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Estate of Ball v. American Motorists Ins. Co.

Supreme Court of Arizona
Feb 7, 1995
888 P.2d 1311 (Ariz. 1995)


refusing to create a waiver exception to AR.S. § 20-259.0KB

Summary of this case from Progressive Cas. v. Estate of Palomera-Ruiz


No. CV-94-0005-PR.

February 7, 1995.

Appeal from the Superior Court, Maricopa County, No. CV 90-10472, Pamela J. Franks, J.

Law Offices of Glynn W. Gilcrease, Jr. by Glynn W. Gilcrease, Jr., Tempe, for plaintiff-appellant.

Jennings, Strouss Salmon by John A. Micheaels and James A. Ackerman, Phoenix, for defendants-appellees.


We are asked to decide whether the named insured in an automobile insurance policy can waive the requirement that the insurer extend a written offer of underinsured motorist coverage as required by the Uninsured Motorist Act, A.R.S. § 20-259.01.


Jennifer Ball was employed by Fleming Company (Fleming), a national food services corporation. While driving a company car, she was struck and killed by a drunk driver. Three minor children survived her. Elmer Sayre, Ball's father and personal representative (the Estate), recovered the policy limits from the drunk driver's insurer and Ball's personal underinsured motorist (UIM) insurer. Because the proceeds did not fully cover her damages, the Estate demanded payment from Fleming's insurer, American Motorists Insurance Company, an affiliate of Kemper National P C Companies, doing business as American Motorist Insurance Company (Kemper). That demand was rejected.

Fleming operates more than 3,000 vehicles in at least 20 states. It employs a professional risk manager to coordinate its insurance coverage. Roy Vickery, the risk manager in 1984, solicited bids from insurers through an insurance broker. The insurers were given Fleming's old policy to show the coverage desired. Fleming asked for only "statutory" uninsured motorist (UM) and UIM coverage. Fleming did not want this coverage unless required in a specific state. Arizona does not require that insureds buy UIM coverage, but does require that insurers make it available in amounts not less than the policy's liability limits. A.R.S. § 20-259.01(B).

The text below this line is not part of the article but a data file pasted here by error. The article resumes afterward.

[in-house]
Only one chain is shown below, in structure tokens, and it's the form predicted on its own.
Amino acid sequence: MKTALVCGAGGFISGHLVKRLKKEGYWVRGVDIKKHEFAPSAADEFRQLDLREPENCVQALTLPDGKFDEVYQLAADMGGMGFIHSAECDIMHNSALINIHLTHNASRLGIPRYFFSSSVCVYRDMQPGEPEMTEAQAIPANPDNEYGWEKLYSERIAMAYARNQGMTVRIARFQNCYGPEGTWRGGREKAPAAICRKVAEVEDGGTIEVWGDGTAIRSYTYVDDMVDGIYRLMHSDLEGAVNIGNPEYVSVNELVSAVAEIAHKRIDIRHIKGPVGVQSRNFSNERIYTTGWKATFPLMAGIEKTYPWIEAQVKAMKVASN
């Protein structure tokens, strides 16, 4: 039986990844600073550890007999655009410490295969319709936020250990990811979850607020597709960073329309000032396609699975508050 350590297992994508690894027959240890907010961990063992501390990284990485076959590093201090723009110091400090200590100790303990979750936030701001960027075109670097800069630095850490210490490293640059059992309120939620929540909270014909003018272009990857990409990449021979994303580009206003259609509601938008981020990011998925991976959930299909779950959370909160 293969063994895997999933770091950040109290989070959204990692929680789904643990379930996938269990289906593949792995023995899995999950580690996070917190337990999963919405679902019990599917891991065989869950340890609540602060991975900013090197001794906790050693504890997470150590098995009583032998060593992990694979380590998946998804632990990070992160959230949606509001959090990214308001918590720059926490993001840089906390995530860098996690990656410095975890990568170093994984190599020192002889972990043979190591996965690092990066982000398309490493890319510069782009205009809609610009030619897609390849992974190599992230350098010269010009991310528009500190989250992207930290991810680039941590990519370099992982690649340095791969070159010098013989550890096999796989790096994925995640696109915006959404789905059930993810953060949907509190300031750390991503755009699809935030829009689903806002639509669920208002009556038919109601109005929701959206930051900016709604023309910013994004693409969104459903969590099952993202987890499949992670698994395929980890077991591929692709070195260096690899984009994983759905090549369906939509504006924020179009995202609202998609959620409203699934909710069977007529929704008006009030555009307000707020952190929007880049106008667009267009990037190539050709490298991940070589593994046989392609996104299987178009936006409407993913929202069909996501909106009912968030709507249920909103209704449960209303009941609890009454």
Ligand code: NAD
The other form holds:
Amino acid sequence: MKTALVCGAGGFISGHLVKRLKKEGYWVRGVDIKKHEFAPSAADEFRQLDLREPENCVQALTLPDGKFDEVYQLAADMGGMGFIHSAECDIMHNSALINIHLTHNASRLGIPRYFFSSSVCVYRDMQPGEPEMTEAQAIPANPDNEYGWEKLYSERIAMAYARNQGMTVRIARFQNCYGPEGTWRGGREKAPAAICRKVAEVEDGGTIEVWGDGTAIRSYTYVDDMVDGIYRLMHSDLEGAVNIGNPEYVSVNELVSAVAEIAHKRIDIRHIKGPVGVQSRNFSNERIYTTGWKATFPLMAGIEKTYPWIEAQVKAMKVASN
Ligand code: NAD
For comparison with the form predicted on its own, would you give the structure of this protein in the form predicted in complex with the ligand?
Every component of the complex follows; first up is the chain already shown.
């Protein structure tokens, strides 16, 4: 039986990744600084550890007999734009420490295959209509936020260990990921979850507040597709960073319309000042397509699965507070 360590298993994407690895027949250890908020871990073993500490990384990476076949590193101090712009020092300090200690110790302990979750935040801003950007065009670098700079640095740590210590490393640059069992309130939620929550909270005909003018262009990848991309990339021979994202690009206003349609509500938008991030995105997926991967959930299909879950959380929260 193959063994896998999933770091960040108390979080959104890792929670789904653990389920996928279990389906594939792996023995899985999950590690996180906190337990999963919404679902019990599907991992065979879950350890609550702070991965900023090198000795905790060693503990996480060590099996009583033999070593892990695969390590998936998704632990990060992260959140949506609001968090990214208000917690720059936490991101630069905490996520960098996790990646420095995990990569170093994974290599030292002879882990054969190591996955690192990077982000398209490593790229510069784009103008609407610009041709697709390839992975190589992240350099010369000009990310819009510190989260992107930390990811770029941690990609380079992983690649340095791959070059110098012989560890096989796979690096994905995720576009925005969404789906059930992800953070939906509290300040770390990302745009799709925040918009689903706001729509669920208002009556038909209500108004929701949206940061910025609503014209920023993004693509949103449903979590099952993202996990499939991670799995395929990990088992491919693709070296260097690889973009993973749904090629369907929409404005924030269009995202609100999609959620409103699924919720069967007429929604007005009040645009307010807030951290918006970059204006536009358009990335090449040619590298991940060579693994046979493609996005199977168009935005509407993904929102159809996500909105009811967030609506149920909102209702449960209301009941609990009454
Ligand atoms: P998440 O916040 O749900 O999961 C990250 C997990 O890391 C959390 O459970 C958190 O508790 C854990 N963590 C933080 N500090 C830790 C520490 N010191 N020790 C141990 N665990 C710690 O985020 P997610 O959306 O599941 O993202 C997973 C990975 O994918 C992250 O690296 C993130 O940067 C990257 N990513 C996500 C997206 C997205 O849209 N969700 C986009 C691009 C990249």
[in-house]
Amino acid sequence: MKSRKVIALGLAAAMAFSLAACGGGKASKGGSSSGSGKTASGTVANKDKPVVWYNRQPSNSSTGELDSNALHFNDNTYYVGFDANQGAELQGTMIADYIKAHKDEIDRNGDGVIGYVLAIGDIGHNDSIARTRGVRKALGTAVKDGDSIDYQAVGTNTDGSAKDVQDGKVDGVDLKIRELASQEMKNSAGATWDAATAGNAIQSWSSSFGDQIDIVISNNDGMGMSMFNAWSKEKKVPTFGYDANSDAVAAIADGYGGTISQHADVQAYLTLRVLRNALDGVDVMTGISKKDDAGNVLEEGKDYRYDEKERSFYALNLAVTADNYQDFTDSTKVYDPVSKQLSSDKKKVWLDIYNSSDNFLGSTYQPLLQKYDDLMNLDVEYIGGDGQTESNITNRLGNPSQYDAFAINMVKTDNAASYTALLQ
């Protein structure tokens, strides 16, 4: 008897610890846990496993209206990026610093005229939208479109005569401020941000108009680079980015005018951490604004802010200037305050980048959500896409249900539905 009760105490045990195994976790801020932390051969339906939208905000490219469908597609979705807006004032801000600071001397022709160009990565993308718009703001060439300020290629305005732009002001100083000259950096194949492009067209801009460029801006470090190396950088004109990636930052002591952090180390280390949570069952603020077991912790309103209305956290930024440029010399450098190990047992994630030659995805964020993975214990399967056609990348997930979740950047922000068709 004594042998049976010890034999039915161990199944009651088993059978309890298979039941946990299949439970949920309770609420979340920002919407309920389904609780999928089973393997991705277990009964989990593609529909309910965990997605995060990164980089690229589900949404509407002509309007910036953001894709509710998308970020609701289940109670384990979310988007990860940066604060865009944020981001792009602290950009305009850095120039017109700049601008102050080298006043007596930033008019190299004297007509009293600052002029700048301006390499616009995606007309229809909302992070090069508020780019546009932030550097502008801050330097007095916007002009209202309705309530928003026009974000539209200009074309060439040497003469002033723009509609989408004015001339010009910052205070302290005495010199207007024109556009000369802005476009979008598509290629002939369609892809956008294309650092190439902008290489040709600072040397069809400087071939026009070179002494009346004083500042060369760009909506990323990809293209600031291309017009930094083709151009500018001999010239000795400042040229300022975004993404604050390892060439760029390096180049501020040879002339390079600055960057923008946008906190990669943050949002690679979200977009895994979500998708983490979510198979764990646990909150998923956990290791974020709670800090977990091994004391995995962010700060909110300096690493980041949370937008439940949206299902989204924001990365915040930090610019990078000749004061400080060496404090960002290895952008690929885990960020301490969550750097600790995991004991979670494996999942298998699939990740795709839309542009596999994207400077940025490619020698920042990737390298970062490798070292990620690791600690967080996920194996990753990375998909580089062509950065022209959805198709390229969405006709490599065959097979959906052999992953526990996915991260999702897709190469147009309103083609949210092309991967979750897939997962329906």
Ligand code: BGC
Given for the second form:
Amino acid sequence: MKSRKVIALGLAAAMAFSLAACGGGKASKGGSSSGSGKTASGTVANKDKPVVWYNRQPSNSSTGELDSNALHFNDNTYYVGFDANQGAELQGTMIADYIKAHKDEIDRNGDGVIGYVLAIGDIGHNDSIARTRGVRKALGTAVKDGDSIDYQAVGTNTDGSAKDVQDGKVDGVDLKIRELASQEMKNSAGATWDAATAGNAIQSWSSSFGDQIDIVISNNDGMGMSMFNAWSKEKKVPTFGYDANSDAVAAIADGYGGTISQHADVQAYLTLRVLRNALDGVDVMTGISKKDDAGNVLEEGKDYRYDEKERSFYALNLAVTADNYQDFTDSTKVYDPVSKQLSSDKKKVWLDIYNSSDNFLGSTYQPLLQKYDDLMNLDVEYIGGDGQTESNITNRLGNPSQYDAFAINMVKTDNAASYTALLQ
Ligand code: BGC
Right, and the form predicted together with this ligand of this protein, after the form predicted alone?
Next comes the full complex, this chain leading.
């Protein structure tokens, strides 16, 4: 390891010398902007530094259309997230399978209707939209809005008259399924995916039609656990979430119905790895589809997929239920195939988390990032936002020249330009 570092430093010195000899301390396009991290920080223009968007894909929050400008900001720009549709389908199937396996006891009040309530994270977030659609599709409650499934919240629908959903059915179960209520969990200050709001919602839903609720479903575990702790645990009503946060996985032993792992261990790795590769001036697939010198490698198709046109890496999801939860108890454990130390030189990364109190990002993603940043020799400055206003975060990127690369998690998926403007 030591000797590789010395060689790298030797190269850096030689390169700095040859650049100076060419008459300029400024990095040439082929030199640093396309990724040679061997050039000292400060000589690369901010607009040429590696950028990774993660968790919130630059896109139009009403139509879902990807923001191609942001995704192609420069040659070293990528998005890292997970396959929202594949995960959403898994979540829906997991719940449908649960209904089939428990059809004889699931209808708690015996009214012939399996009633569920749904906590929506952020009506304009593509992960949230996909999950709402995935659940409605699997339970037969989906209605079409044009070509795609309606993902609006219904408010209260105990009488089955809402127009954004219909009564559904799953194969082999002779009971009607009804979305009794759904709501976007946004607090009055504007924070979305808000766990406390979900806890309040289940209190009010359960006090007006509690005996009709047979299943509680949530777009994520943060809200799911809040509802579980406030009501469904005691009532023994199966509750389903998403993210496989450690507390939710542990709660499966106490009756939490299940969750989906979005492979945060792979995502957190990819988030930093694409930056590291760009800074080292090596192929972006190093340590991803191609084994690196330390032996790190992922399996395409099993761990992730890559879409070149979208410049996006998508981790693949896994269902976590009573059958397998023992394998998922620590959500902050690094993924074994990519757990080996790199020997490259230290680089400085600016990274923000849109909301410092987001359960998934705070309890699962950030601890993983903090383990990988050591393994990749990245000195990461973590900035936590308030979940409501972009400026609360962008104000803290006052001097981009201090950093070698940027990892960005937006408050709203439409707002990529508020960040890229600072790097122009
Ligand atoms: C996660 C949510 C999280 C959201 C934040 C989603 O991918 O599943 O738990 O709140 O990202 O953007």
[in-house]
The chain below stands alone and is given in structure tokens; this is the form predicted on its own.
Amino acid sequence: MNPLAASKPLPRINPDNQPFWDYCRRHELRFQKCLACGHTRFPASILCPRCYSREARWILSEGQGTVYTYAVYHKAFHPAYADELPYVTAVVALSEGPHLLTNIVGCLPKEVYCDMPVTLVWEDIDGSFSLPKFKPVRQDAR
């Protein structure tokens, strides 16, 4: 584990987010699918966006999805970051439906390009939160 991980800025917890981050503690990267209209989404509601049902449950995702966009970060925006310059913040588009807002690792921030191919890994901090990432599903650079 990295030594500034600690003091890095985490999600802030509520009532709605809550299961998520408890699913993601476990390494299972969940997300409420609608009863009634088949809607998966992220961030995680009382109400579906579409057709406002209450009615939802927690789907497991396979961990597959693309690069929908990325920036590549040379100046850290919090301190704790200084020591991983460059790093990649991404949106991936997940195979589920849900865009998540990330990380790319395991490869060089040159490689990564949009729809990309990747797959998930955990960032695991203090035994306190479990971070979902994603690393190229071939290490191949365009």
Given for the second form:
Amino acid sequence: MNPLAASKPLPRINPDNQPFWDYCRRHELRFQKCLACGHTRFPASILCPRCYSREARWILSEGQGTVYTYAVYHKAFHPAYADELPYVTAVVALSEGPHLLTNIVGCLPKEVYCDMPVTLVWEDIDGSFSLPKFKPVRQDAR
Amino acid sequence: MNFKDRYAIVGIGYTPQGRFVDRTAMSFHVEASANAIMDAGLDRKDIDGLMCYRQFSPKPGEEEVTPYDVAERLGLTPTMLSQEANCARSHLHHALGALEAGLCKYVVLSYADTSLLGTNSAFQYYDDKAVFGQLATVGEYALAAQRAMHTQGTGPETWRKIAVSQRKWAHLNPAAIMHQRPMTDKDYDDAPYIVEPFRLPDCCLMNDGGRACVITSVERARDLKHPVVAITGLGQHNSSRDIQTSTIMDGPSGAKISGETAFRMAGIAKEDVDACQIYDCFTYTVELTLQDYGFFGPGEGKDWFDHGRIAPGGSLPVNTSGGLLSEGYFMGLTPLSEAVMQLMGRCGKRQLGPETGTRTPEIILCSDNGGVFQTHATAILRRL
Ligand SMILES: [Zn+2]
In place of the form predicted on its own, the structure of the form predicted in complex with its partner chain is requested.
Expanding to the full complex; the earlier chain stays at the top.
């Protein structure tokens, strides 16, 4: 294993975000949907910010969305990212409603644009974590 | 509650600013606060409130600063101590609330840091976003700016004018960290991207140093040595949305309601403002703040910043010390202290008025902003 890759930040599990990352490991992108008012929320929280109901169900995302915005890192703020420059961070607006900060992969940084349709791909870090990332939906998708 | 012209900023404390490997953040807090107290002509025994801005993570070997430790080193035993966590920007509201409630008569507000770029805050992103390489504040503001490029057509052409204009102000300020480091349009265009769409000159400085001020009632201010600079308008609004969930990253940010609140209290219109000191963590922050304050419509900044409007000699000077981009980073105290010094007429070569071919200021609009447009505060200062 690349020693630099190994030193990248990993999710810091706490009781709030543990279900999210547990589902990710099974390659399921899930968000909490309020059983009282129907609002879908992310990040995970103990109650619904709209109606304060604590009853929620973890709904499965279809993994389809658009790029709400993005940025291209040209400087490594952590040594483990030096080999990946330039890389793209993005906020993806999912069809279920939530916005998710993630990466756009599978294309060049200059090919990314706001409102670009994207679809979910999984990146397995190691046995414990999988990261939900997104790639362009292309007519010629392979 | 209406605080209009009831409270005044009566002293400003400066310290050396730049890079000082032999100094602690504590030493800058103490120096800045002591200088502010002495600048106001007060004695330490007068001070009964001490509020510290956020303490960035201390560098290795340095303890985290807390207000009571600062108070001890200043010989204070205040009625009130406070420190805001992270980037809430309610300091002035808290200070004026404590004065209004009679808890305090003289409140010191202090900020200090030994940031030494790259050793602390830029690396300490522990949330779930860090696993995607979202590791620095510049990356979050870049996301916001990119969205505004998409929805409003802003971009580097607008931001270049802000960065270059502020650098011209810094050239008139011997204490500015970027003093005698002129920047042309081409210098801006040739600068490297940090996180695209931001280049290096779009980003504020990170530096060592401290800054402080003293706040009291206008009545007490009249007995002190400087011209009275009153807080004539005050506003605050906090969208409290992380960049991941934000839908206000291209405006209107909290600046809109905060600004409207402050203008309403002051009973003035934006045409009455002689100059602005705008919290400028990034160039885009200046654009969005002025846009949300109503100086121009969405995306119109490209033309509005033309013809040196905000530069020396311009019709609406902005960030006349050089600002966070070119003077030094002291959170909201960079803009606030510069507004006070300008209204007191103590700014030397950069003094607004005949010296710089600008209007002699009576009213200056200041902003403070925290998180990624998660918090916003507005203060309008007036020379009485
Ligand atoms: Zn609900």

Fleming accepted Kemper's bid and Kemper provided insurance coverage for Fleming from 1984 through 1988. The policy provided three million dollars in liability coverage and the requested "statutory" UM and UIM coverage. Both Fleming and Kemper understand "statutory" to mean the minimum coverage required by law, which, for UIM, was zero in Arizona. Under their position, the policy contains no UIM coverage. It is for this reason that Kemper rejected the Estate's claim.